Boston is a great restaurant town. Every time we return, we try to visit old favorites as well as seek out the newest hot spots. While seafood (especially lobster and clams) prevails at many restaurants, you can find almost any type of food here. Restaurants come and go. And menus change frequently. But here are some of our favorite dining experiences (although we tried to group them by location, they are in no particular order), both by ourselves and with our Boston friends. This is by no means a comprehensive list of Boston restaurants, but it will give you a start of places to research.
JiangNan (Tremont Street)
We shared a delicious lunch with friends at this upscale Chinese restaurant. We started with two orders of tasty, soup-filled dumplings: pork and crab and pork and black truffle. We followed this by sharing the dish the restaurant is best known—Peking duck. This with peach iced tea and Tsingtao beer. Excellent and much recommended.
Legal Seafoods (Multiple Locations)
When a restaurant does something well consistently, it often evolves into a chain of restaurants. Boston’s fresh seafood pioneer Legal Seafoods fits the description. But whether we have eaten at one of their many casual Boston area locations, or at the airport, we have rarely been disappointed with any of their seafood dishes. You can’t go wrong here. On our 2023 trip our delicious lunch consisted of a lobster roll with the meat of a 1.5-lb lobster (served with French fries) and baked haddock coated with buttered breadcrumbs with roasted tomato and Mexican street corn with cotija cheese crema. We also made a stop at the airport location for food for our plane ride home.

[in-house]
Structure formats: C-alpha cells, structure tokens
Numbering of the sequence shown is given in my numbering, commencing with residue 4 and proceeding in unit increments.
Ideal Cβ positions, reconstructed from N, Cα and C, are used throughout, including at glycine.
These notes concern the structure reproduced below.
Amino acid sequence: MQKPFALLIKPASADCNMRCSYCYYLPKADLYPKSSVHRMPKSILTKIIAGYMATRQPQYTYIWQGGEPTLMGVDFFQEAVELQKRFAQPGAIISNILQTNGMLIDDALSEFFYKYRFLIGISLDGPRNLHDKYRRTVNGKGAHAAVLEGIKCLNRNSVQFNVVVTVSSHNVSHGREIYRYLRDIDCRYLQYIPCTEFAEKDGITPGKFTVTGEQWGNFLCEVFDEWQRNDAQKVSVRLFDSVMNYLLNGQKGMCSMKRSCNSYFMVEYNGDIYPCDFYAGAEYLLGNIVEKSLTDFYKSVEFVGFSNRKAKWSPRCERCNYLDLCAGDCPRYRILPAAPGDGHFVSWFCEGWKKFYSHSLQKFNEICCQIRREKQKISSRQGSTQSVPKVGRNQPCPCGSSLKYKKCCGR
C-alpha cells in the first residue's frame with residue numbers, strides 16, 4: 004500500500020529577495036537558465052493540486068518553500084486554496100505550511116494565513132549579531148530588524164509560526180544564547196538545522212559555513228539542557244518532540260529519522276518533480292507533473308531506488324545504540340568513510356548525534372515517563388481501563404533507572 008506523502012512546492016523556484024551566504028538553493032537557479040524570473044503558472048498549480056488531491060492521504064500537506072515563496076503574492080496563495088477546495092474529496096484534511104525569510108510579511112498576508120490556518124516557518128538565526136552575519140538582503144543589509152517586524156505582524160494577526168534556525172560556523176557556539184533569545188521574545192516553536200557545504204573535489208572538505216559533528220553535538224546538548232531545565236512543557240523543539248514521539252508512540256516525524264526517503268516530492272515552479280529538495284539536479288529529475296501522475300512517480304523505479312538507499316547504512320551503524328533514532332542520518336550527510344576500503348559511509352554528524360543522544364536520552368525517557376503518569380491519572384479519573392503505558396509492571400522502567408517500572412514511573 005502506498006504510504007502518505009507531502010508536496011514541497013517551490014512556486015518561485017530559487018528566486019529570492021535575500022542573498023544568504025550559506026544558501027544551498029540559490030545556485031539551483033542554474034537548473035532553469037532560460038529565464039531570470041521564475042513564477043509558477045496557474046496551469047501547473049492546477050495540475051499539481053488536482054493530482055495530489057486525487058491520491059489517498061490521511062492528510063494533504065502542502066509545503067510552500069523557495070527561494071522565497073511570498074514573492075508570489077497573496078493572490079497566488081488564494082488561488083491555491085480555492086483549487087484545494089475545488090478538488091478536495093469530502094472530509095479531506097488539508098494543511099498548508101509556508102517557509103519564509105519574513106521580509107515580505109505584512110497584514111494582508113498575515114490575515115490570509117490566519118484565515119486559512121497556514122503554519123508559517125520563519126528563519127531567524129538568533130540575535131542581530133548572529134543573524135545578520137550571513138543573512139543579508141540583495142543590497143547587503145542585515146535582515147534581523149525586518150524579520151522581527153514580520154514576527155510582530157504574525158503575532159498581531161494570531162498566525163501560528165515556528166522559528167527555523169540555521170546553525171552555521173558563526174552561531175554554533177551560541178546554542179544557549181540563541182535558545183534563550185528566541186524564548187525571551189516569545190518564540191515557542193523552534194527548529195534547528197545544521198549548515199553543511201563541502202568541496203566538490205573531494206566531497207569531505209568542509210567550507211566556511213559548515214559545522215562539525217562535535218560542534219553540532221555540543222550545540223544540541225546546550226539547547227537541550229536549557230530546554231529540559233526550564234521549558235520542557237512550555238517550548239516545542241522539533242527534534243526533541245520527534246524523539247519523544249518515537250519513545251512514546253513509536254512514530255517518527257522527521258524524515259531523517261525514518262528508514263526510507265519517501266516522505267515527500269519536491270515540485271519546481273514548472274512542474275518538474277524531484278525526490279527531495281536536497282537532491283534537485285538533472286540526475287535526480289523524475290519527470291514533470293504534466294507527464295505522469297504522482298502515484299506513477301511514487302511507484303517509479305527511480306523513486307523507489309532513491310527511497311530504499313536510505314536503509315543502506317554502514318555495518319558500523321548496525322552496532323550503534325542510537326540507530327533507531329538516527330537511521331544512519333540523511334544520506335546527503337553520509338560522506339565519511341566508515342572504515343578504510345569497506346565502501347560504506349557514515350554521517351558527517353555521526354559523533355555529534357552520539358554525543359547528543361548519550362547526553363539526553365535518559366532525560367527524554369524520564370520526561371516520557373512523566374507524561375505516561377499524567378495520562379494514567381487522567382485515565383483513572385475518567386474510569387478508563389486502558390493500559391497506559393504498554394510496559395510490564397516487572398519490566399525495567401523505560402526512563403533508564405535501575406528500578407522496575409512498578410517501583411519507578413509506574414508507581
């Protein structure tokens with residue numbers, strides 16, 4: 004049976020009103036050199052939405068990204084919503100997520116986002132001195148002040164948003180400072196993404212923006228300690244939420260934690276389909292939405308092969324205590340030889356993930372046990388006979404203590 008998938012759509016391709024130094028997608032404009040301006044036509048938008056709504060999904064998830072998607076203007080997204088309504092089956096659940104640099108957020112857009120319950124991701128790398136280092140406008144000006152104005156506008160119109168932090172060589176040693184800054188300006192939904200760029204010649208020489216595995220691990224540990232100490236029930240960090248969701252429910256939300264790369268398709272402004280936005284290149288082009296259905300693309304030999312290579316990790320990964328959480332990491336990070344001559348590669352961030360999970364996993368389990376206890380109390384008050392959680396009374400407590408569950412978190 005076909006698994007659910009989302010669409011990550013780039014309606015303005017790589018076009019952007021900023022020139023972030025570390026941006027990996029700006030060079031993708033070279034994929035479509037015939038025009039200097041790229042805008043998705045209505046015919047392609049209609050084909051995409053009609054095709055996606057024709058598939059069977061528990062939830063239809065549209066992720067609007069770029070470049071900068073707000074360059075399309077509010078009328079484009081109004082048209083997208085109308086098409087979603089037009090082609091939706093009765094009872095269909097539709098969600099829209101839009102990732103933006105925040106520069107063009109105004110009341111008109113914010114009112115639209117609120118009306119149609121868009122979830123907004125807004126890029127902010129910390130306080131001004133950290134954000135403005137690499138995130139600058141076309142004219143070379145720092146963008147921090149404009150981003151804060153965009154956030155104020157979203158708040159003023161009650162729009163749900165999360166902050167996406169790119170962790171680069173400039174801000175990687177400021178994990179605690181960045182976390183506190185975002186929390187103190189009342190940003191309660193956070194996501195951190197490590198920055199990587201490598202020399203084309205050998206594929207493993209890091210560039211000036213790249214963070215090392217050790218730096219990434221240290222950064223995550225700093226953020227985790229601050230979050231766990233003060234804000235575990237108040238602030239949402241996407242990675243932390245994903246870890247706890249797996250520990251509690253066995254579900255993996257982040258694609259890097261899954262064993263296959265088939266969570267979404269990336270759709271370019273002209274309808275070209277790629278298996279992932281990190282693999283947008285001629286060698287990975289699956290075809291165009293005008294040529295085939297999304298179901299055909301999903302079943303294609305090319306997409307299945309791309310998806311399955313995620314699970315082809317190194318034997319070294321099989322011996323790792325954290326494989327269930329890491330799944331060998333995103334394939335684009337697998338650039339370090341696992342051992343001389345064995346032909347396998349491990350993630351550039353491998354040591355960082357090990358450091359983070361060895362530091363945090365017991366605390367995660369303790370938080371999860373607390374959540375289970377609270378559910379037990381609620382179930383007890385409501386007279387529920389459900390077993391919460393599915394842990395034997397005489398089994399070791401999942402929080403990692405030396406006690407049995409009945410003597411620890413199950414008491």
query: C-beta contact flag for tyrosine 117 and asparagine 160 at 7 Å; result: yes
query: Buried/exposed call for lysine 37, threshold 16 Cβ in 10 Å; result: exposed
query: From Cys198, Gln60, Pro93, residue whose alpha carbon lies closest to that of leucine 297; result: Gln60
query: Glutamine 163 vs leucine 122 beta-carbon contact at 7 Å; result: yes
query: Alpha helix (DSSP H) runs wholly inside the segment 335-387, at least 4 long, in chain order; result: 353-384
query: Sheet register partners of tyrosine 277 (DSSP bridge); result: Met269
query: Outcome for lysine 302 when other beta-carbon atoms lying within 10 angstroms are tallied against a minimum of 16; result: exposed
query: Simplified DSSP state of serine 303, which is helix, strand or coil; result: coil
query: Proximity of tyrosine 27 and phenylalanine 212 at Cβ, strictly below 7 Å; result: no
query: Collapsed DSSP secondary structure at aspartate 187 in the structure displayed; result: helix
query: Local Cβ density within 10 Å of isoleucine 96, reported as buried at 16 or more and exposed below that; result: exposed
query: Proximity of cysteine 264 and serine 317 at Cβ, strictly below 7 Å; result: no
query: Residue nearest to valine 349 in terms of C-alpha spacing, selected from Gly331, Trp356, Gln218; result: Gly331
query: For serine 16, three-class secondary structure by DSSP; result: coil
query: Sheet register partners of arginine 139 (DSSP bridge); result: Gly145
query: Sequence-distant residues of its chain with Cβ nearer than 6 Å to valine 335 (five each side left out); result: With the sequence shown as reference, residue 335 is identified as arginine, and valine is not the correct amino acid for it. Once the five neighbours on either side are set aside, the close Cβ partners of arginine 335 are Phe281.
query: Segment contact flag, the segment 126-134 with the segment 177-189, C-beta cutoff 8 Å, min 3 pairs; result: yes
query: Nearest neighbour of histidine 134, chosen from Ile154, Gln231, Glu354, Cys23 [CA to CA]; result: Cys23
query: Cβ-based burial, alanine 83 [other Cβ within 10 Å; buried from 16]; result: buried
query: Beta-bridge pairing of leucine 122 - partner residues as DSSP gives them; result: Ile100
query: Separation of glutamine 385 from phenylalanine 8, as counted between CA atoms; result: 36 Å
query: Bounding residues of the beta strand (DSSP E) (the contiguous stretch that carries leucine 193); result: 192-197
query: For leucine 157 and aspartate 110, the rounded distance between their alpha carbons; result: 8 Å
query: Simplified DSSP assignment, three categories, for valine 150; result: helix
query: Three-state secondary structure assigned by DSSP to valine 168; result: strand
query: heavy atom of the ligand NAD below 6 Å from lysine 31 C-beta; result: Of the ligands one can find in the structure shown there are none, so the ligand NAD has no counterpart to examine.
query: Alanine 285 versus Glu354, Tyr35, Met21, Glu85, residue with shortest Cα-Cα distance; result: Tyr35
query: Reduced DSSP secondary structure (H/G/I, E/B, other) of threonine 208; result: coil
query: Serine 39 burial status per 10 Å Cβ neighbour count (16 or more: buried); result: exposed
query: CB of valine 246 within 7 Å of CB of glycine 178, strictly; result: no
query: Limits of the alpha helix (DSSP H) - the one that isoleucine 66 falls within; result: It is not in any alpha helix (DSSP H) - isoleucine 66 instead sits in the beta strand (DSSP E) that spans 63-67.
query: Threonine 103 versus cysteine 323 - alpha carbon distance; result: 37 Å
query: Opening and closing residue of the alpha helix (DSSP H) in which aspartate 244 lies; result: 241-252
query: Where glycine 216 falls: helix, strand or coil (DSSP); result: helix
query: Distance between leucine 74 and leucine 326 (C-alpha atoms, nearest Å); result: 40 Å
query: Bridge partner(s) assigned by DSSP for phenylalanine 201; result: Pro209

Sportella (Fort Point)
Barbara Lynch has several high-end Boston restaurants. This one is Italian and is known for its pasta. We’ve eaten here previously, but in 2022, we shared six dishes with friends. We began with three appetizers: A basket of focaccia, garlic fry bread, and lavash; burrata in a mix of watercress and chili oil; and lamb meatballs with green garlic and tom. While we could have done without the bread, we enjoyed the other 2 appetizers. Then three pasta dishes: strozzapreti with braised rabbit and olives; gnocchi with lobster, mushroom ragu, peas, and truffle; and tagliatelle with bolognese, tomatoes, and cheese. While all were fine, they weren’t particularly memorable. The wine list was significantly more expensive than we thought appropriate for the restaurant, the food, or the wine. But we found a pleasant, but not exciting, 2015 Parzone Chianti Classico Gran Selezione.